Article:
America’s Skies Have Gotten Clearer, but Millions Still Breathe Unhealthy Air

Air pollution has improved dramatically over the past four decades, in a large part because of federal regulations. But many areas of the country still have high levels of pollution, and climate change may make them worse.

Last month, in a move that represented the Trump administration’s most direct effort to date to protect the coal industry, the E.P.A. finalized a plan to replace former President Barack Obama’s stringent rule on coal pollution with a new rule that would keep plants that use it to generate electricity open longer and significantly increase the nation’s emissions of planet-warming carbon dioxide.

The E.P.A. is also expected to finalize another plan this summer that would abandon Mr. Obama’s strict regulations on planet-warming tailpipe pollution in automobiles, replacing them with a new rule that experts say is likely to function as a total repeal of the original regulation.

Mr. Trump seemed to place a particular emphasis on environmental problems afflicting Florida, a state vital to his re-election, emphasizing that he backs restoring the Everglades, and that his administration has directed over half a billion dollars to mitigate a toxic tide of red algal blooms that originate in Florida’s Lake Okeechobee. He invited Bruce Hrobak, a bait and tackle shop owner in Port St. Lucie, Fla., who said his shop was devastated by the red tide, to the podium.

“You jumping into this environment brings my heart to warmth,” Mr. Hrobak told Mr. Trump, adding that his own father looked like Mr. Trump “but you’re much handsomer.”

Polls show that Florida is one state where Republican voters rank environmental issues as a top concern. The reason, the polls have found, is that Florida is now on the front lines of climate change, as Miami and other cities experience consistent, damaging flooding as a result of sea level rise and a warming planet.

But Mr. Trump made no mention of climate change, nor did he revisit a tendency to proudly sell himself as a champion of the coal industry and fossil fuels in general — even as they remain one of the chief causes of global warming.

This incongruous message of environmental action was so starkly at odds with Mr. Trump’s own record that some critics found the moment almost surreal.

“It is an utter farce for the president to talk about America’s environmental leadership, when he has been a champion of the polluters,” said Douglas Brinkley, a presidential historian who has written about environmental policy.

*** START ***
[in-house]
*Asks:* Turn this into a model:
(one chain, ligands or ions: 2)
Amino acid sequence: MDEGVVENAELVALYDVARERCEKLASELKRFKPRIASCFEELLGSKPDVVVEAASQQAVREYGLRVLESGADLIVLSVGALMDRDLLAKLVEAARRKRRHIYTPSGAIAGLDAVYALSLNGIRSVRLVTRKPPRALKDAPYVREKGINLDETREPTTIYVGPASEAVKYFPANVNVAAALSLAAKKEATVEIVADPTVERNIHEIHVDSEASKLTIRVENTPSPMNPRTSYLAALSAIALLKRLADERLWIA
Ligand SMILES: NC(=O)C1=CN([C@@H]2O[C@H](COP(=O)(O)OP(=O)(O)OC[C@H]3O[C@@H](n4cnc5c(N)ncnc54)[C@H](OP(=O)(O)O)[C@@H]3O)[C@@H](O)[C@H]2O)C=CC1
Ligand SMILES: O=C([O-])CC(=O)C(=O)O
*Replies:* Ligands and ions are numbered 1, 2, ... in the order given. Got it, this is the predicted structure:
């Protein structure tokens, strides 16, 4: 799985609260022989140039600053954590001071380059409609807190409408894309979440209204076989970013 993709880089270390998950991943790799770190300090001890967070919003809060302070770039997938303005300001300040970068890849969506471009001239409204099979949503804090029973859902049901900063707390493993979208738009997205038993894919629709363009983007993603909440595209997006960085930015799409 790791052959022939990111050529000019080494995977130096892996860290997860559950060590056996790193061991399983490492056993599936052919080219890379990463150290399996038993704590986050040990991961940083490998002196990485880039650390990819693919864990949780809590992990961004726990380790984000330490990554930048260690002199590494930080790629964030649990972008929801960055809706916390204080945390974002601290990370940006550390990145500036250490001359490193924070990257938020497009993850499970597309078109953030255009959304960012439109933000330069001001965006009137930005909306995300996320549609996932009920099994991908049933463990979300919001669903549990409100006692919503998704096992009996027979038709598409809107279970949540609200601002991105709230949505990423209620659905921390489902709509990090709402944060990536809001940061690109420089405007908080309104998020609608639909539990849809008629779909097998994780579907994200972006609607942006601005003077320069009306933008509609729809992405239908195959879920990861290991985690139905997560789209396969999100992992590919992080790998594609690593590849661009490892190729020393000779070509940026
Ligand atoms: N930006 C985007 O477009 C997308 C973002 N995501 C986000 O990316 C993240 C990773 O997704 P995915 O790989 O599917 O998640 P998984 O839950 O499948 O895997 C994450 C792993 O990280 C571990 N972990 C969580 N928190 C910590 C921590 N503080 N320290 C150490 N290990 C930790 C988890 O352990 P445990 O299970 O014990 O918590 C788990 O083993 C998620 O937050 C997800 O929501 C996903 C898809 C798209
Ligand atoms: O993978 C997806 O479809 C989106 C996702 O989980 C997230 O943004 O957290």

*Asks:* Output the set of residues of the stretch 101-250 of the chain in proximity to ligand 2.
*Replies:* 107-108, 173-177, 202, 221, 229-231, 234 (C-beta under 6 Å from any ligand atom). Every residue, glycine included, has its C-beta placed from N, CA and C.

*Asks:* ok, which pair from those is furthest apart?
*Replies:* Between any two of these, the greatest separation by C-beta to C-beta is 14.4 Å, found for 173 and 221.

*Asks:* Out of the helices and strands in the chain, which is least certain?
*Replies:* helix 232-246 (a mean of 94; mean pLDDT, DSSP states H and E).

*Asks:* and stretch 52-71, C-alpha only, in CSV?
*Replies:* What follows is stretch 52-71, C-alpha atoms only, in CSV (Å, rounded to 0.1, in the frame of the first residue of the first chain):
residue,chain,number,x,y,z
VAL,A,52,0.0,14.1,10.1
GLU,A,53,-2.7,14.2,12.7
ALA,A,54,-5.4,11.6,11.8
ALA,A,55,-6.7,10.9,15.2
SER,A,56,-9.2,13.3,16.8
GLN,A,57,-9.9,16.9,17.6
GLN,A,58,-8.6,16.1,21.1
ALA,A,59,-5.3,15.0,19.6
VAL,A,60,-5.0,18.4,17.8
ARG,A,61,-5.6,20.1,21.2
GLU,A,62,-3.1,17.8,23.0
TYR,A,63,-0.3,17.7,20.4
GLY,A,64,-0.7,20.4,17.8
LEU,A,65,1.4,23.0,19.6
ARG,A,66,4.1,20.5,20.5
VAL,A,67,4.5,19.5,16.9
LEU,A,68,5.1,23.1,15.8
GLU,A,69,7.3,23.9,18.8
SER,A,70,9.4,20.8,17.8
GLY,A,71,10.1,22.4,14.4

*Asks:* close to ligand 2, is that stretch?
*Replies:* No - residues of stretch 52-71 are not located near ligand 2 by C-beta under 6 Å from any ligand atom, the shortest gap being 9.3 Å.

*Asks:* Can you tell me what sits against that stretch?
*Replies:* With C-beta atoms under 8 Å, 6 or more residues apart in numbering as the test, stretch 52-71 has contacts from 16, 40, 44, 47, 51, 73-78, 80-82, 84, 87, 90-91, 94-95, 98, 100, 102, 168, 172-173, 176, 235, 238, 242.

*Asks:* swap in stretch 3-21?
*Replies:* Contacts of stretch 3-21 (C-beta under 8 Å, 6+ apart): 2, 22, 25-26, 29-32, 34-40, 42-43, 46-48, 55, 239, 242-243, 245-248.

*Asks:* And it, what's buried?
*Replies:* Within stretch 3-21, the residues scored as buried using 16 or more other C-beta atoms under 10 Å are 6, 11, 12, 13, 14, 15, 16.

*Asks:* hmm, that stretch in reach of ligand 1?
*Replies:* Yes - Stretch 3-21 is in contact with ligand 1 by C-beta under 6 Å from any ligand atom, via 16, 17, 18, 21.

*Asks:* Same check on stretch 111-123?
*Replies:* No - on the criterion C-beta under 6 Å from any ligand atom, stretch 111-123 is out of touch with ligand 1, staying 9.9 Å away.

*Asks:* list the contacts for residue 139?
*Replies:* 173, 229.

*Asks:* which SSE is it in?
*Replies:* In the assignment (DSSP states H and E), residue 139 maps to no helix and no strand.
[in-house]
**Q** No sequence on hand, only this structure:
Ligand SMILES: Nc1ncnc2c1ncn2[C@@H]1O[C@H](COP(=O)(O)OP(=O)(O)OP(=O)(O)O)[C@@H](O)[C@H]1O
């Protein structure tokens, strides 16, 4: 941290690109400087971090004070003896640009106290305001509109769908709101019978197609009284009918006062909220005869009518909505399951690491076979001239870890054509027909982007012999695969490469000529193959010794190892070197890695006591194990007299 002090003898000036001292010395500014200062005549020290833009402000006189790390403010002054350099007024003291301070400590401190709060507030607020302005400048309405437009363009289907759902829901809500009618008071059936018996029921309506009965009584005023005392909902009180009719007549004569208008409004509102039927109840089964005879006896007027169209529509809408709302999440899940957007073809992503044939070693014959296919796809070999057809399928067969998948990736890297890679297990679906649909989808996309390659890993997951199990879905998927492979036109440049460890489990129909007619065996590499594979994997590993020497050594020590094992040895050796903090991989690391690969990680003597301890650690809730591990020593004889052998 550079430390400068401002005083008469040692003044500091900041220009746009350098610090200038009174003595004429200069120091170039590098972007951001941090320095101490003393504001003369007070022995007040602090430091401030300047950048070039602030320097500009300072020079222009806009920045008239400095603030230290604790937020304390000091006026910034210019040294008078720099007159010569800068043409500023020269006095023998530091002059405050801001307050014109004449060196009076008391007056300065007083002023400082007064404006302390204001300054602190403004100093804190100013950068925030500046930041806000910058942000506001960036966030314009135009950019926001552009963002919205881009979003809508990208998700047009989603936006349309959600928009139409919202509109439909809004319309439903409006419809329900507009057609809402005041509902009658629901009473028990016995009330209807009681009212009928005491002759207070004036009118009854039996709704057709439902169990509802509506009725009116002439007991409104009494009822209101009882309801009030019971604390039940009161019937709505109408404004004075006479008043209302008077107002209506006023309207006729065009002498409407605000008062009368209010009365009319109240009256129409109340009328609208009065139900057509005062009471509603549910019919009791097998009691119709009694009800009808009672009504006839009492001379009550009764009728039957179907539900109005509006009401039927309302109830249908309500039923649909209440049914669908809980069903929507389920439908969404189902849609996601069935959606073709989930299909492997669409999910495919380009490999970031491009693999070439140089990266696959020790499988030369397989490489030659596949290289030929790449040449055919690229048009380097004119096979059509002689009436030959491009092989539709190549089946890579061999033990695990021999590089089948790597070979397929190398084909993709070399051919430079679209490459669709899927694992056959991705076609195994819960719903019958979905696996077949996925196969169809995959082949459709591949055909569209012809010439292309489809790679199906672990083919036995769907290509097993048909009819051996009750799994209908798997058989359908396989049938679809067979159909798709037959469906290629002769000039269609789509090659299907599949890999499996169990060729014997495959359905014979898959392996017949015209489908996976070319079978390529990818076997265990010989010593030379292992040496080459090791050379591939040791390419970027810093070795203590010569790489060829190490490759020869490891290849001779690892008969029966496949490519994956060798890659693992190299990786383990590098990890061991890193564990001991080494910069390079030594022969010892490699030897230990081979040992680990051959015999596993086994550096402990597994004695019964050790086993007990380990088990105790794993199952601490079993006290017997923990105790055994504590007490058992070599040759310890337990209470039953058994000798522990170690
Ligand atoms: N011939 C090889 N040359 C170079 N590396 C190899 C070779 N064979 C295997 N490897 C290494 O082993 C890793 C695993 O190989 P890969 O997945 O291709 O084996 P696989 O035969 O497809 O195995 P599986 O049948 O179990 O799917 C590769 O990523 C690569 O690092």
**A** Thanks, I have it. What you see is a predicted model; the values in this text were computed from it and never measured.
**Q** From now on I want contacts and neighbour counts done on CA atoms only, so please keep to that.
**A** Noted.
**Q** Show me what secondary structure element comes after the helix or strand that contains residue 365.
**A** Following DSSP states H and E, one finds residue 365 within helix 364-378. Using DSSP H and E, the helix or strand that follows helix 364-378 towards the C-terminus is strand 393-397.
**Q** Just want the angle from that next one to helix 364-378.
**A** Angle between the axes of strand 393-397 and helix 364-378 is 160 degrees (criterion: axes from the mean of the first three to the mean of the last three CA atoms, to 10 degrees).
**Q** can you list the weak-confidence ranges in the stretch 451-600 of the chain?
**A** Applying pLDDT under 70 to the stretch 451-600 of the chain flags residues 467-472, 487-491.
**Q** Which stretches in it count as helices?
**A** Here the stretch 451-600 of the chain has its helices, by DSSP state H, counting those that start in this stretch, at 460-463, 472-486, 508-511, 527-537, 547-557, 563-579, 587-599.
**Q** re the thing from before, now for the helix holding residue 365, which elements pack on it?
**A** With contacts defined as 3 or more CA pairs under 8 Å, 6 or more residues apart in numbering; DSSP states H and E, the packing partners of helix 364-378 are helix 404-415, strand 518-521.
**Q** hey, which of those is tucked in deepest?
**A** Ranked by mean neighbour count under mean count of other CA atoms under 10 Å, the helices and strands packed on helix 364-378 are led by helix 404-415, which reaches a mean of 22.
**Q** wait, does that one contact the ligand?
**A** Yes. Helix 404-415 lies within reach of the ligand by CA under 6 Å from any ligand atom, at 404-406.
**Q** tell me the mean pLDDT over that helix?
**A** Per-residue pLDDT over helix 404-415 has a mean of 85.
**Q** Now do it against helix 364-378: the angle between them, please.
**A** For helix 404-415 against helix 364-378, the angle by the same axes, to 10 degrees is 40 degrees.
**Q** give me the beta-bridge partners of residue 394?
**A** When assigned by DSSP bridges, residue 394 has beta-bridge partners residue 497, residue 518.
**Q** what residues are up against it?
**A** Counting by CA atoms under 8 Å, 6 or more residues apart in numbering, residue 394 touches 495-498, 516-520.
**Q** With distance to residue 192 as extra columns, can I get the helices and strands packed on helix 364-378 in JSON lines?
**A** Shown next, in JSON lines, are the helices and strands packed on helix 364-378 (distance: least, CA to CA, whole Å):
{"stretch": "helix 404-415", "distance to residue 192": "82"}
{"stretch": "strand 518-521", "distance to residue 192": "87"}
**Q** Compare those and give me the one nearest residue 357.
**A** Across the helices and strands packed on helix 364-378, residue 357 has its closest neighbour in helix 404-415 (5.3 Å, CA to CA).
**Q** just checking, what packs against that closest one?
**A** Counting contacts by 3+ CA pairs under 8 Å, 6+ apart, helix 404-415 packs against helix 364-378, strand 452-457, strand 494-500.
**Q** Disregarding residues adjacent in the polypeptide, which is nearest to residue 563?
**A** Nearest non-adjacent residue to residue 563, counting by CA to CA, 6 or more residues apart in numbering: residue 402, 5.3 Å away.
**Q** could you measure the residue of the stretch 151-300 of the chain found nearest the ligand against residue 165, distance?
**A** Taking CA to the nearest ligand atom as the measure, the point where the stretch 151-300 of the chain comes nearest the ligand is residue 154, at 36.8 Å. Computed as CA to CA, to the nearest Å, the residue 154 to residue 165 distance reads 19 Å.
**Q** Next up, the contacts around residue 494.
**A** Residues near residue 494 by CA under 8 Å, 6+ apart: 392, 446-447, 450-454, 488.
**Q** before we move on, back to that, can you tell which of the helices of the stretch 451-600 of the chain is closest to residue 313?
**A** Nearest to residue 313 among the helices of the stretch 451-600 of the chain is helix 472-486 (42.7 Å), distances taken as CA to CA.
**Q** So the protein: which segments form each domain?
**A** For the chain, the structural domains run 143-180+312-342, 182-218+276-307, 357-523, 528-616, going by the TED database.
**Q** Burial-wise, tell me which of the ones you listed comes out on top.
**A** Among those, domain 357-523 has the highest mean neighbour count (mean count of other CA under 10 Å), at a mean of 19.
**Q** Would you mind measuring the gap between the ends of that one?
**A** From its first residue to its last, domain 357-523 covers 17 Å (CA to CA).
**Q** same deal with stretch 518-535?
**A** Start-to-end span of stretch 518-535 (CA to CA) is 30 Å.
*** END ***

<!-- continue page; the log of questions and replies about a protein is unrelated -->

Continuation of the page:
Mr. Trump was joined by Mr. Wheeler, a former coal lobbyist who has played a lead role in crafting rollbacks of rules on climate change and clean air, and David Bernhardt, the interior secretary and a former oil lobbyist who has led the way in opening up the nation’s public lands and waters to more drilling.

When asked whether Mr. Trump still believed that global warming was a hoax perpetrated by the Chinese and whether windmills caused cancer, as the president has said, Mr. Wheeler said in a phone call that there were “positives and negatives” to all energy sources, and that administration officials were paying attention to this.

Frank Luntz, a Republican consultant and pollster, said he had presented Republican lawmakers with data in recent weeks that showed that the public — and particularly younger people — wanted to see action to safeguard the environment, but that the issue was seen as owned by Democrats.

“It is still not a top-five priority” among Republicans, Mr. Luntz said. “These guys, they really do care, but they don’t know how to get it done in this polarized environment.”

Among the Democrats who criticized the president’s speech on Monday was Senator Chuck Schumer of New York, the Democratic leader.

“Try as he might say otherwise,” Mr. Schumer said in a speech on the Senate floor, “President Trump has proved himself probably the staunchest ally of the worst polluters, of any president we have ever had.”

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Trump Talks Up ‘America’s Environmental Leadership’ in Climate Speech

WASHINGTON — President Trump has withdrawn the United States from the international Paris climate change accord, sought to roll back or weaken over 80 environmental regulations and punted on global environmental leadership.

“On the issue of environmental stewardship,” said Douglas Brinkley, a presidential historian, “Trump is seen around the world as a Darth Vader-like figure.”

But Monday afternoon, Mr. Trump delivered a speech billed as “America’s Environmental Leadership.” He was flanked by his two senior environmental officials — one a former lobbyist for the coal industry and the other a former oil lobbyist.

But the idea for the speech did not start with the president. It started with consultants on his re-election campaign who have discovered that his environmental record is a definite turnoff for two key demographics — millennials and suburban women, according to two people familiar with the plans.